‘Twin Fantasy’ is Will Toledo and Car Seat Headrest’s ode to longing and remembering: it encapsulates the reality of young, unrequited love and the fantasy of breathing life to those memories. This is Car Seat Headrest’s eleventh release (third proper studio album put out by Matador) and its a full band remake of his/their sixth record, first put out in 2011 through bandcamp. Still following? Both versions are presented here on a double disc set, which asks you to draw wobbly lines between the past and present. Toledo writes about his first real love, an older man who didn’t fully return his feelings. Here recreated and reanimated from the safe vantage point of time, Toledo makes a temple out of both that initial mystery man, and also the teenage boy who fell for him. It’s a temple at which he devoutly worships. ‘Twin Fantasy’ is both about, and embodies, the teenage attributes of precociousness, forthrightness, personal inadequacy, spontaneity, desperate want and a crushing inability to see past the end of your own nose. But there is now an added sense of retrospective perspective that gives a compelling layer of intrigue.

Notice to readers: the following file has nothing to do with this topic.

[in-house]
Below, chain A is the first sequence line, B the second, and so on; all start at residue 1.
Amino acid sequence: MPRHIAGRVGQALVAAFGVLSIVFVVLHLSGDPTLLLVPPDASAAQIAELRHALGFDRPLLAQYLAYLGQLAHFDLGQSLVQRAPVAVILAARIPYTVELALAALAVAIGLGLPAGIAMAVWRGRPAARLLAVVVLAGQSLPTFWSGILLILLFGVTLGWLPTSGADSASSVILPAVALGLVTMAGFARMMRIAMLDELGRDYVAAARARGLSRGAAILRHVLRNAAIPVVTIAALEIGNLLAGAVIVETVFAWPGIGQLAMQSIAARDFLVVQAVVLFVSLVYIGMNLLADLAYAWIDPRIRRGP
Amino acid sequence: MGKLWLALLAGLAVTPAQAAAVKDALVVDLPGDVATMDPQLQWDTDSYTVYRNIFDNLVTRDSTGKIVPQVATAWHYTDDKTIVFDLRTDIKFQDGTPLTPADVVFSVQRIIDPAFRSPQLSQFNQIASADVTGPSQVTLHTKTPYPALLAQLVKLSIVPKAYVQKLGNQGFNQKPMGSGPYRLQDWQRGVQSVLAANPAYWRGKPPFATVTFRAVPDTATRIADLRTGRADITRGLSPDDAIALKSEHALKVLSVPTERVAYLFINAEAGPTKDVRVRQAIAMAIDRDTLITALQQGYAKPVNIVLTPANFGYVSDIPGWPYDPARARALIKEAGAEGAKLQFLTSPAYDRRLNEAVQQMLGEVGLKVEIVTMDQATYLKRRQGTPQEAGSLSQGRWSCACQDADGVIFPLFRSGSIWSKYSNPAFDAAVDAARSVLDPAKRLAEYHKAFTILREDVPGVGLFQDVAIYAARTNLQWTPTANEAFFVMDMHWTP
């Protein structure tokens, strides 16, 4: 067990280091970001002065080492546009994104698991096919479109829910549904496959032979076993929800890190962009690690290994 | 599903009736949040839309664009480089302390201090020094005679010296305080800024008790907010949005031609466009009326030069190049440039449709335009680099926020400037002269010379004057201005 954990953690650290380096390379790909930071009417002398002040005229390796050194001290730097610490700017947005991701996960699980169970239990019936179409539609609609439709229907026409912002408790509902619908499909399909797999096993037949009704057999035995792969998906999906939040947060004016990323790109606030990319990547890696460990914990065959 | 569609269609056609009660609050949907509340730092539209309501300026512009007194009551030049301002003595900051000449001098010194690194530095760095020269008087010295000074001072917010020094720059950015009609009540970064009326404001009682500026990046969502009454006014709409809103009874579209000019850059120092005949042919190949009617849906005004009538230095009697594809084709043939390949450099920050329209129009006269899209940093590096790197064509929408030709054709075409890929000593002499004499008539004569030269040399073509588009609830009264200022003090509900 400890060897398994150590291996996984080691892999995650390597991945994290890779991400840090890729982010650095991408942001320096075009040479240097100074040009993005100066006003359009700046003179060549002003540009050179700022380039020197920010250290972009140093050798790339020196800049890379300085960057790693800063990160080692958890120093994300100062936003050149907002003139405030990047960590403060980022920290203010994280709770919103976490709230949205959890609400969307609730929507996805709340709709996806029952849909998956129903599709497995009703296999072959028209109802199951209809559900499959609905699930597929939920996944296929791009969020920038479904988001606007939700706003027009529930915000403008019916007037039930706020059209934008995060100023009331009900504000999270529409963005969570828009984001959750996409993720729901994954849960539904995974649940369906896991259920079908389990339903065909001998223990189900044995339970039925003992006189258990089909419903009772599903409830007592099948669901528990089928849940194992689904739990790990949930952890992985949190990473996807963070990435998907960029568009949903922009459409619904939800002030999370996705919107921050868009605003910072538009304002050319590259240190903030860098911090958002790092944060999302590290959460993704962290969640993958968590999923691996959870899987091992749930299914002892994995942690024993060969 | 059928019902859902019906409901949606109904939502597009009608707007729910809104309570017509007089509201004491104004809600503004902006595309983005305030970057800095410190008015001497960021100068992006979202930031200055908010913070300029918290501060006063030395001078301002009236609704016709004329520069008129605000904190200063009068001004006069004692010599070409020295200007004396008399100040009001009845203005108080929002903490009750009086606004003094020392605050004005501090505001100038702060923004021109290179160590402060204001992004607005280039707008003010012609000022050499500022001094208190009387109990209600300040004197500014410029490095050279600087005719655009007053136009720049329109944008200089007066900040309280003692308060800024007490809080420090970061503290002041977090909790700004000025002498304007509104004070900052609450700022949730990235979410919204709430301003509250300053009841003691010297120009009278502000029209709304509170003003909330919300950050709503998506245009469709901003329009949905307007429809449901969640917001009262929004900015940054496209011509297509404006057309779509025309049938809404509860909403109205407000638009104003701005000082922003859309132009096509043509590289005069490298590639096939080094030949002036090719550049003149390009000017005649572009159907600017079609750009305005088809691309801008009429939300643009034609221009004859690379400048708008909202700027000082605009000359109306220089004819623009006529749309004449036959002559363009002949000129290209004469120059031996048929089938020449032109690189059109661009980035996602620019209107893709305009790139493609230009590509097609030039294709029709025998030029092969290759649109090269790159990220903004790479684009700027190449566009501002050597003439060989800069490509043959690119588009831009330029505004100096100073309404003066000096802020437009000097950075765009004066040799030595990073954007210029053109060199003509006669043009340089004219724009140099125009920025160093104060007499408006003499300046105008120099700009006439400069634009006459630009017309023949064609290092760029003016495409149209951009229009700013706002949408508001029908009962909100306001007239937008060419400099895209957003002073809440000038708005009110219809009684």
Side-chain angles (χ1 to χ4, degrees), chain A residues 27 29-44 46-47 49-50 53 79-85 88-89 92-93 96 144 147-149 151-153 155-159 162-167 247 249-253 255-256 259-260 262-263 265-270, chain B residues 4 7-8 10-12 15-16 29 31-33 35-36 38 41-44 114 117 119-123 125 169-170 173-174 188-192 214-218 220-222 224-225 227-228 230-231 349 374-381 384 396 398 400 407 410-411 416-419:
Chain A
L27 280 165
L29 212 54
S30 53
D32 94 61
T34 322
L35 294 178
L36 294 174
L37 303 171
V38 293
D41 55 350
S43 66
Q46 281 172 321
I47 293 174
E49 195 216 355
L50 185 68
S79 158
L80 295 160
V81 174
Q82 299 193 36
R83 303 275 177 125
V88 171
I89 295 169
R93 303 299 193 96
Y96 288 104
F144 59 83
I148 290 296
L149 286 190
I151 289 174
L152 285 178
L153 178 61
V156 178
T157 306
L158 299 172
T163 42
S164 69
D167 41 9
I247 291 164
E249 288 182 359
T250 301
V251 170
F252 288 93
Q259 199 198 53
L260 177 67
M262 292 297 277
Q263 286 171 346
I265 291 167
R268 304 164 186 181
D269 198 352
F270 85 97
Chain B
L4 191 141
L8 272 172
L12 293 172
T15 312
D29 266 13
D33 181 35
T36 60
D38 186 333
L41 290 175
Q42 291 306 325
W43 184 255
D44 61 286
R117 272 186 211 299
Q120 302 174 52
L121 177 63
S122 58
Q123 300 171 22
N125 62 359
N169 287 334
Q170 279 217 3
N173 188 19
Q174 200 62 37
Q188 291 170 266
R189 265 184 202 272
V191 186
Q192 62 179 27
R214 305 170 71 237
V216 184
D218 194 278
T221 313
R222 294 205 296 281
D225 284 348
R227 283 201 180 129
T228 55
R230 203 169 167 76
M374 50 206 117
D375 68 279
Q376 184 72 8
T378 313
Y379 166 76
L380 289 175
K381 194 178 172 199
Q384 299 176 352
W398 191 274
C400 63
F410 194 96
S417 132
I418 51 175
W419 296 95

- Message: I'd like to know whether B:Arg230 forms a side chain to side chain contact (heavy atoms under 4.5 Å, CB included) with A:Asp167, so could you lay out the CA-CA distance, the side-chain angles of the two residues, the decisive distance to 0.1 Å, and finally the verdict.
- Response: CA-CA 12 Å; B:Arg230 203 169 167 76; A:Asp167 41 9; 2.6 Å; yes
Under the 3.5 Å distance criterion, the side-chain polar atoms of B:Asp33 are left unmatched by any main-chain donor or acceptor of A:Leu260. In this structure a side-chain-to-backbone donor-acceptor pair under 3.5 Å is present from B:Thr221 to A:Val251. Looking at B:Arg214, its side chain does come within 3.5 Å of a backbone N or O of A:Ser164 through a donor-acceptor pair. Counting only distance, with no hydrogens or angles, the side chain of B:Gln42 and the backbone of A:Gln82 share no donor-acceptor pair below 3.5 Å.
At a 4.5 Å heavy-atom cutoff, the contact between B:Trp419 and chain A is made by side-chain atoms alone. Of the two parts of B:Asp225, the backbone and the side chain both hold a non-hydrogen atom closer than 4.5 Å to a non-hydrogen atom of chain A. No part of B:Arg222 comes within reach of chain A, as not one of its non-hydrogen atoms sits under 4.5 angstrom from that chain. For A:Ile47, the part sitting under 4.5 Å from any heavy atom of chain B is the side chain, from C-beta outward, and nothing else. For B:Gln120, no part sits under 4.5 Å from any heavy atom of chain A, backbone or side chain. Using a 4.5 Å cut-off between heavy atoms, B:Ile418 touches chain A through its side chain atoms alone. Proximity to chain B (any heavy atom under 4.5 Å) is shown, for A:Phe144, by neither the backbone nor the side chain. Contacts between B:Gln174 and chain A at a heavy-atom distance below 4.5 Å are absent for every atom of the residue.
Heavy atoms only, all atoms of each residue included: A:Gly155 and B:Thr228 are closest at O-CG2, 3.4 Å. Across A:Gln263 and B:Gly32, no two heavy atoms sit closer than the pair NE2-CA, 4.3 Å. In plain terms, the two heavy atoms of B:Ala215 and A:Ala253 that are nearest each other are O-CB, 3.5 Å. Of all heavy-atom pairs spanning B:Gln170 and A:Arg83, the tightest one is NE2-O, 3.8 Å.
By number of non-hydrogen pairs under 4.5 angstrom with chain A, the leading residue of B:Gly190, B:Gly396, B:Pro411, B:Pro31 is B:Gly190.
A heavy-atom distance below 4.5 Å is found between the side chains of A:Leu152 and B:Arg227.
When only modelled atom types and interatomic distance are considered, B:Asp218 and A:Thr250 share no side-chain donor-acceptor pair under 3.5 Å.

It’s the embodiment of these traits that makes ‘Twin Fantasy’ so tantalising and, at times, frustrating. Songs (apparently inspired by the narrative ambition of Green Day’s ‘American Idiot’ and Pink Floyd’s expansive opus ‘Dark Side of the Moon’) think nothing of stretching out in to multi-part, mood flipping, tempo switching epics – often to the detriment of logic, melody and the listener’s tolerance. The 12 minute Beach Life in Death is glorious for most of its running time but collapses in to repetition and noise in its final couple of minutes (he does amazingly well to keep you hooked for even ten minutes, let’s be fair). The sixteen minute ‘Famous Prophets’ becomes tedious sooner, probably about 2/3rds of the way through, which reduces some of its impact. ‘High to Death’ and ‘Bodys’ also become indulgent rambles – too neurotic to be called jams and too thoughtful to be freak outs, these extended instrumentals occupy a tiresome space. All of these above are better in their slightly shorter, and certainly more intense, original incarnations. But this all serves a larger purpose and may even add to the appeal; after all this is an album about being a teenager, it would be a sham if everything was smooth, tolerable and refined. Also, Toledo wants ‘Twin Fantasy’ to be so much more than indie music, he’s said as much. He sees ‘Teen Fantasy’ taking up a similar position to Frank Ocean’s Blonde or Kanye’s ‘Life as Pablo’. And that means being indulgent, erratic and ambitious to a fault. Very few artists generally, let alone in the codified jungle of rock music, are making music as daring as as this. If he goes too far from time to time it’s only as a result of pushing at the boundaries.